The torment awaiting runaway slaves fills one entire room in the exhibition. In The Loophole of Retreat, Ellen Driscoll dangles a line of rotting white pillars, sinister replicas from a planter’s mansion. They hang along one side of a rough-hewn wooden space-capsule-like shelter. Walk inside and shut the door and you find yourself in a pitch-black cavern, a simulation of the claustrophobic attic space in North Carolina inhabited for seven years by Harriet Jacobs, a runaway slave escaping a sexually marauding slave master. As the eyes adjust, a slow stream of images (a window casing, a child’s hand…) appear on a floating circular disc—projections from revolving objects hung above this structure which turns out to be a gigantic camera obscura, the beam of light the only lifeline to the world outside. Harriet eventually made it to the north and survived to tell her story in Incidents in the Life of a Slave Girl.
Resistance runs through LEGACIES—manifested in the courageous and unpredictable ways enslaved people fought to get free and claim their humanity. It is worth a visit to the exhibition just to stand before Faith Ringgold’s Slave Rape Story Quilt, a patchwork of brilliantly colored batik surrounding a stark drawing of bodies and bones and a hand-written chronicle of a girl-baby, Beata, born on the deck of a slave ship who lives on to defy her captors.
Lorenzo Pace’s minefield-garden of memories (hemmed in by a white picket fence) is conceived around the original iron padlock and key which at one time shackled his great-grandfather, Steve Pace. Nothing can prepare you to look upon this ominous piece of hardware worn by an actual person whose family you have come to know. The lock and key, which the artist inherited from his uncle, are also the inspiration for Pace’s mammoth black stone monument commemorating slaves in America (Triumph of the Human Spirit) that was erected a few years ago in lower Manhattan near the recently unearthed African Burial Ground.
One notable piece in the show (Leader) by Betye Saar takes you from slave days right into the future. On a vintage washboard (actual brand name: “Leader”), the artist attaches a painted metal “Mammy” figure, on whose long white apron is written: “Oh these cold white hands manipulating they broke us like limbs from trees and carved Europe upon our African masks and made puppets.” (Henry Dumas)
Largely the work of Black artists, the exhibition (which runs through January 2007 and may travel to other cities) was curated by Lowery Stokes Sims of the Studio Museum of Harlem. This is the Historical Society’s first-ever contemporary art show, and it is a brave one. New York Times critic Holland Cotter wrote in his favorable review: “American slavery—what it did, what it is still doing—remains an incendiary topic…[and this show] keeps you looking, thinking and rethinking.”
LEGACIES connects with two earlier shows organized by the New-York Historical Society: Slavery in New York, and Civil Wars: New York and Slavery 1815-1870. The shocking “postcard show,” Without Sanctuary: Lynching Photography in America, was also exhibited at this museum a few years ago.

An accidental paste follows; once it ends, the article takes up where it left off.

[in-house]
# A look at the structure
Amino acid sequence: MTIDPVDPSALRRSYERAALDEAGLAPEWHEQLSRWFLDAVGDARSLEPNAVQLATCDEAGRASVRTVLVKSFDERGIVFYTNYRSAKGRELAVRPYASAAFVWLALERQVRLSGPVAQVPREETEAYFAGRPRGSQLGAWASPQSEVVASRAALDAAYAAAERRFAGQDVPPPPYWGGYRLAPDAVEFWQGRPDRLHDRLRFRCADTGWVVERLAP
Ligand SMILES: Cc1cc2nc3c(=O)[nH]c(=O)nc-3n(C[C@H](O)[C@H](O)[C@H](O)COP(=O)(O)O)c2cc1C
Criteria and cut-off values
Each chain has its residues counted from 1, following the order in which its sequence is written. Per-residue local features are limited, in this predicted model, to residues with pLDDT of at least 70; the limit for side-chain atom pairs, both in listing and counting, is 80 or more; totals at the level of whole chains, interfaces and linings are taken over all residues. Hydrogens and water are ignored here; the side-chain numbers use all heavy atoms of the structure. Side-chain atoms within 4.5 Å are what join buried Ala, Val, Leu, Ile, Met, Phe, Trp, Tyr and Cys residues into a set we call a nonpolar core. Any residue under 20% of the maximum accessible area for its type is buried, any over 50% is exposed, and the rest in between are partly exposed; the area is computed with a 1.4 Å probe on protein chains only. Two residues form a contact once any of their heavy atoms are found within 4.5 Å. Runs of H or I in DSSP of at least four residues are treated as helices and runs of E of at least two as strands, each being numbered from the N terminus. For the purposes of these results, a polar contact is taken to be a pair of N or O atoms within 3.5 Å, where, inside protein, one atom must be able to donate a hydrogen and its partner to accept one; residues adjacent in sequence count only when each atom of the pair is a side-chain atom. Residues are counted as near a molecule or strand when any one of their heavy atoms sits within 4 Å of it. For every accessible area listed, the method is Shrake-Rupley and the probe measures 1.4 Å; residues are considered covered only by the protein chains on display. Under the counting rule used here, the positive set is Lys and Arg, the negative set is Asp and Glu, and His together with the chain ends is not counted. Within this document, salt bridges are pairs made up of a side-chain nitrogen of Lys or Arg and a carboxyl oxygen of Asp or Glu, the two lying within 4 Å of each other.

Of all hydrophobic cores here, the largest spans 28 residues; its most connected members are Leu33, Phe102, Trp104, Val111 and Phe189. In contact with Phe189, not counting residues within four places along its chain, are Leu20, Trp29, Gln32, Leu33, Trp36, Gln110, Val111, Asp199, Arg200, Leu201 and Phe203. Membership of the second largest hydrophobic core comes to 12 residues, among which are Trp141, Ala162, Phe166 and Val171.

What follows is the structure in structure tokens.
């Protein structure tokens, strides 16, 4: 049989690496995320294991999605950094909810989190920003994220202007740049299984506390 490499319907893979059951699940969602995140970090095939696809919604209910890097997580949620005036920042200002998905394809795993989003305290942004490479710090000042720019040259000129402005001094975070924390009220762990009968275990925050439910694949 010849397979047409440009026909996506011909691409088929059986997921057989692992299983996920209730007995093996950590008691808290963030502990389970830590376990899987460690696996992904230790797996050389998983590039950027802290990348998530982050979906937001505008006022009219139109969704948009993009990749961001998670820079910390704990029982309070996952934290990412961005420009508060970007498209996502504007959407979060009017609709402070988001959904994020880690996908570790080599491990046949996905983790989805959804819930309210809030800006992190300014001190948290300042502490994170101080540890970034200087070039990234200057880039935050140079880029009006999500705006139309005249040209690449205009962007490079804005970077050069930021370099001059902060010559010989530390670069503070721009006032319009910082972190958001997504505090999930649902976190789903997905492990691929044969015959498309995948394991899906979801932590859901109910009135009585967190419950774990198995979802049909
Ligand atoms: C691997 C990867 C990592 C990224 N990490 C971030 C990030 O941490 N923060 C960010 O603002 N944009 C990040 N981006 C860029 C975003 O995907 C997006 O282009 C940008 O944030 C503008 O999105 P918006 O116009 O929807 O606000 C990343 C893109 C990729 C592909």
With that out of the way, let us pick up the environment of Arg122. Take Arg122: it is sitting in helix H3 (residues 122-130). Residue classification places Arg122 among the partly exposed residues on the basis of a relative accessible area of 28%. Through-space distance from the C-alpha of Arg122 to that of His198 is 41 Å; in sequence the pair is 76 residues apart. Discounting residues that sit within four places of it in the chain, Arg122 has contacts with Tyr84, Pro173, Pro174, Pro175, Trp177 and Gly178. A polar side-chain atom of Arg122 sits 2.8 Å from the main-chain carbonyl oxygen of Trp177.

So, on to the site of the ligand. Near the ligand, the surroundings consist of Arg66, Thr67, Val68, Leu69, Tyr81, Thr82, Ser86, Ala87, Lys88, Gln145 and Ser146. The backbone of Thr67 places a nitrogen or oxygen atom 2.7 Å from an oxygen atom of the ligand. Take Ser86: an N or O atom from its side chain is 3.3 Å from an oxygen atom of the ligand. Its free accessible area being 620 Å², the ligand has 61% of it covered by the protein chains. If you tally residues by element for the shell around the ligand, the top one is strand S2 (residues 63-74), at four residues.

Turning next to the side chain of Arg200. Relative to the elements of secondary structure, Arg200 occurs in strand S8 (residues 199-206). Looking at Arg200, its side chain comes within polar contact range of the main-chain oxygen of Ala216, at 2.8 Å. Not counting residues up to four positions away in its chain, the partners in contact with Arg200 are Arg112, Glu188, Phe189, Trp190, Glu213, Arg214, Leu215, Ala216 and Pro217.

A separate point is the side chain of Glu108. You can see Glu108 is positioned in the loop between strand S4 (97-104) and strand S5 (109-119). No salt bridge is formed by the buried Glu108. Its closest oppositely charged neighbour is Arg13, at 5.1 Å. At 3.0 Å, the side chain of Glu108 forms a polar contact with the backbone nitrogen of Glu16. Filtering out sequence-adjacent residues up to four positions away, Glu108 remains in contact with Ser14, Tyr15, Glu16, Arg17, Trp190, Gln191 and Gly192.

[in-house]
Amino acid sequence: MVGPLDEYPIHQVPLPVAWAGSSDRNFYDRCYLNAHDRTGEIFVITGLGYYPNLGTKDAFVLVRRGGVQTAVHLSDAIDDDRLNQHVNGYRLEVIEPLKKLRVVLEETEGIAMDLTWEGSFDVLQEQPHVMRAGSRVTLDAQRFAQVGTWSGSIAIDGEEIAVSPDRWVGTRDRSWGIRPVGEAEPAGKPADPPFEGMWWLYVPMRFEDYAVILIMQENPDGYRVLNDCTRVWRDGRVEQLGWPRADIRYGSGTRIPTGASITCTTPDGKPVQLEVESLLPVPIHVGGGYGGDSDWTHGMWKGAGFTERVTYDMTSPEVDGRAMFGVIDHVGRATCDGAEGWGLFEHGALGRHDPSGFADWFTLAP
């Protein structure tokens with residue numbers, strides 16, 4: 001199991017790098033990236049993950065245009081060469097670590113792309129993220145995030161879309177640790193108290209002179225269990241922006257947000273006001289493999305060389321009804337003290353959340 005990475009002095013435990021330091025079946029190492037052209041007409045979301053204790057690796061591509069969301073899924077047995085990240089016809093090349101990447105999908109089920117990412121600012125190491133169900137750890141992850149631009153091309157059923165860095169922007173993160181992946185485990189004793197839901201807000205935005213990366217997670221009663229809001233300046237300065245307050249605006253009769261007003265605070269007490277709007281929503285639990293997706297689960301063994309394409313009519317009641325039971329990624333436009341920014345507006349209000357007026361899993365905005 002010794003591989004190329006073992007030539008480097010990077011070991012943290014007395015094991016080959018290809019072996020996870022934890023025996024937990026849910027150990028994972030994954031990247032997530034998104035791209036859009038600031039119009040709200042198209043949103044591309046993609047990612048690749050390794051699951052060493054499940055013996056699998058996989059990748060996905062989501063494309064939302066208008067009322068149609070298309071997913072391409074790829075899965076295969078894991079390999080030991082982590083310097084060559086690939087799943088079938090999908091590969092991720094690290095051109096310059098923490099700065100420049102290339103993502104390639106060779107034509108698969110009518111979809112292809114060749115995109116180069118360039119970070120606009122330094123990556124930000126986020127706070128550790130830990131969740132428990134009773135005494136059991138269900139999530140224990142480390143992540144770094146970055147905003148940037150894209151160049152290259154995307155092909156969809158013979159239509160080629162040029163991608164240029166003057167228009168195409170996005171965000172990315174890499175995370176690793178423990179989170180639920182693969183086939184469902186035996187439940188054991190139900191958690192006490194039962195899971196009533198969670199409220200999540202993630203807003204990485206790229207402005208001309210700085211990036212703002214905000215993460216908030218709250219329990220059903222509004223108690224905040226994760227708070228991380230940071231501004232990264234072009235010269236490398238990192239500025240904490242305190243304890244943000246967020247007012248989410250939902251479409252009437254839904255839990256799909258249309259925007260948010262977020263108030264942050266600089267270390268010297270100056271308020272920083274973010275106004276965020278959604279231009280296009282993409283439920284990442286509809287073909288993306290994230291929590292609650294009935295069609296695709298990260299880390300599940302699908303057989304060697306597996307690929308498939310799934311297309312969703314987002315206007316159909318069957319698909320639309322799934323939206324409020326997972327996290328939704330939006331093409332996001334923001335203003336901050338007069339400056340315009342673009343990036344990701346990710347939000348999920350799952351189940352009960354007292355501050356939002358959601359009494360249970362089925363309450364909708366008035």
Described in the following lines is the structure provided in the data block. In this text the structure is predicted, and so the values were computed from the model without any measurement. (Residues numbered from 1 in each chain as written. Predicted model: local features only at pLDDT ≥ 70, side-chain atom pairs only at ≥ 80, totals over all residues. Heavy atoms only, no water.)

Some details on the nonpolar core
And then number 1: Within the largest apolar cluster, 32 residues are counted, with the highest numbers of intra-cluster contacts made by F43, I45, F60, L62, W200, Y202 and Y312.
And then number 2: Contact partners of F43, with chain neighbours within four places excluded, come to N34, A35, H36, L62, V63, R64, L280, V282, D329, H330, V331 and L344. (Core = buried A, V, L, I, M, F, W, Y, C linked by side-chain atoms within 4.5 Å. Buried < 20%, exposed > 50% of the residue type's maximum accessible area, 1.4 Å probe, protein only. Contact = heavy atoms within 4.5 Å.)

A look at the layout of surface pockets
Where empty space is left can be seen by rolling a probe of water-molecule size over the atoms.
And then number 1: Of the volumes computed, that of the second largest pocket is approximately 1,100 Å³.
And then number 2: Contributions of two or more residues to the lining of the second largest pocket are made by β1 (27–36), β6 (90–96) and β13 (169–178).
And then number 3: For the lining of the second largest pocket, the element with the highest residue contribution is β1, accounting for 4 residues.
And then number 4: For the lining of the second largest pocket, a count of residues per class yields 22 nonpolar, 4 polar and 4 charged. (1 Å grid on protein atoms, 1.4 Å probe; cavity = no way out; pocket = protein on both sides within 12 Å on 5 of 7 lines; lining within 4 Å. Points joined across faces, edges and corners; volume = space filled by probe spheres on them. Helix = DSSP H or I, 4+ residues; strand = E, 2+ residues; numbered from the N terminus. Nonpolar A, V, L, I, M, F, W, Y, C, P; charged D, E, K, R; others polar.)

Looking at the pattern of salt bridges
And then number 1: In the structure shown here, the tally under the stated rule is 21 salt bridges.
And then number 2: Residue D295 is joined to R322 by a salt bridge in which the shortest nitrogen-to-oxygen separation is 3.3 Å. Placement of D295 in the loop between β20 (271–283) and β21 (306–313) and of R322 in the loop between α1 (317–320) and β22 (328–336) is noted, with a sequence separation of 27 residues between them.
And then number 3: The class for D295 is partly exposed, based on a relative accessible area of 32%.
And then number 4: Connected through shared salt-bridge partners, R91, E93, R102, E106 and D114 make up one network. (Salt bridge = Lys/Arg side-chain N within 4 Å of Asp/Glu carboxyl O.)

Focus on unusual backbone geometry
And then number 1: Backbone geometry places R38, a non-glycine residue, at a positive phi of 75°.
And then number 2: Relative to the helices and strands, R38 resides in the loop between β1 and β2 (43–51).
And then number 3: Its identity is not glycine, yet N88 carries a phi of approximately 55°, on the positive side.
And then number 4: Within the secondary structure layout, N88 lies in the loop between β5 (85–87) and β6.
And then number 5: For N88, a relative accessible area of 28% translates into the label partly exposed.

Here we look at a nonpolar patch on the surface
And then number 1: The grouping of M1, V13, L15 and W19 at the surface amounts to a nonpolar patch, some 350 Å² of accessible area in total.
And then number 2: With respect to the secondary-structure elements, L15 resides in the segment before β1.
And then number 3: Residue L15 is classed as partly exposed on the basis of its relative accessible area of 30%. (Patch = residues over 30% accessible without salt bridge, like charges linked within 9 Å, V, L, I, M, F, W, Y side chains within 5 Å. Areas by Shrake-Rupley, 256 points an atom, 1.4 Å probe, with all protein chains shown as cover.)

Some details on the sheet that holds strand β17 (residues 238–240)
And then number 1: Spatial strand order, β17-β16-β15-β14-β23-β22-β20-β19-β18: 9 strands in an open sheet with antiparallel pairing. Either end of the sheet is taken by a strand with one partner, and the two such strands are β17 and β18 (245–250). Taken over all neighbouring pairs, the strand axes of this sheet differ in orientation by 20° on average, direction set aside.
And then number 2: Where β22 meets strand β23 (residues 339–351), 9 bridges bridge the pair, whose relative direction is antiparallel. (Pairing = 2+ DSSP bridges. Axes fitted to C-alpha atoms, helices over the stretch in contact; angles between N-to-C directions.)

In 1867, Marx sardonically remarked in Capital: “The discovery of gold and silver in America, the extirpation, enslavement and entombment in mines of the aboriginal population, the beginning of the conquest and looting of the East Indies, the turning of Africa into a warren for the commercial hunting of black-skins, signalized the rosy dawn of the era of capitalist production.”
This significant art exhibition looks at a piece of this history, refracted through the eyes of artists who dare to depict, in excruciating and unforgettable ways, this cold truth: slavery lies at the center of what America was—and is today. As someone wrote in the museum visitor’s book on July 4, 2006: “Slavery was the basis of the building of America… Let this be taught as it was…”
Revolution #53, July 16, 2006
Or Further Thoughts on “What to the Slave Is Your Fourth of July”
Think this country was founded on “freedom and justice for all,” or anything like that? Check out Slave Nation: How Slavery United the Colonies and Sparked the American Revolution, by Alfred W. Blumrosen and Ruth G. Blumrosen. This book makes a compelling argument that the moves to independence by the colonies that ultimately formed the United States of America were in principal part led by the landed aristocracy of Virginia, motivated by an important court ruling in England in June 1772 that threatened their whole slave set-up. That decision, along with laws passed by the British Parliament in 1766 stating that it had an unabridged right to be the ultimate decider of the colonials’ fate (including their rights to slave ownership), impelled the elite of Virginia to call for the formation of intercolonnial committees of correspondence in early 1773, and then to propose the First Continental Congress a year later in the face of further hostile moves by England.
As Slave Nation points out, it was at this Congress that the key agreement among colonial leaders in preparation for a united resistance to English rule was negotiated with John Adams—that of preserving and protecting chattel slavery. Adams then went on to bury various bills in the Massachusetts legislature that would have abolished slavery in his state. This agreement solidified the colonials into organized, collective opposition and ultimately made the revolution of 1776 possible. An anti-colonial struggle it was. But Slave Nation makes the point:“The agreement to preserve slavery in the colonies, negotiated at the First Continental Congress in 1774 with John Adams, was kept in the Declaration of Independence. Judge A. Leon Higginbotham, reviewing the history of slavery in Virginia and several other states, concluded: ‘From the perspective of the black masses, the Revolution merely assured the plantation owners of their right to continue the legal tyranny of slavery.’”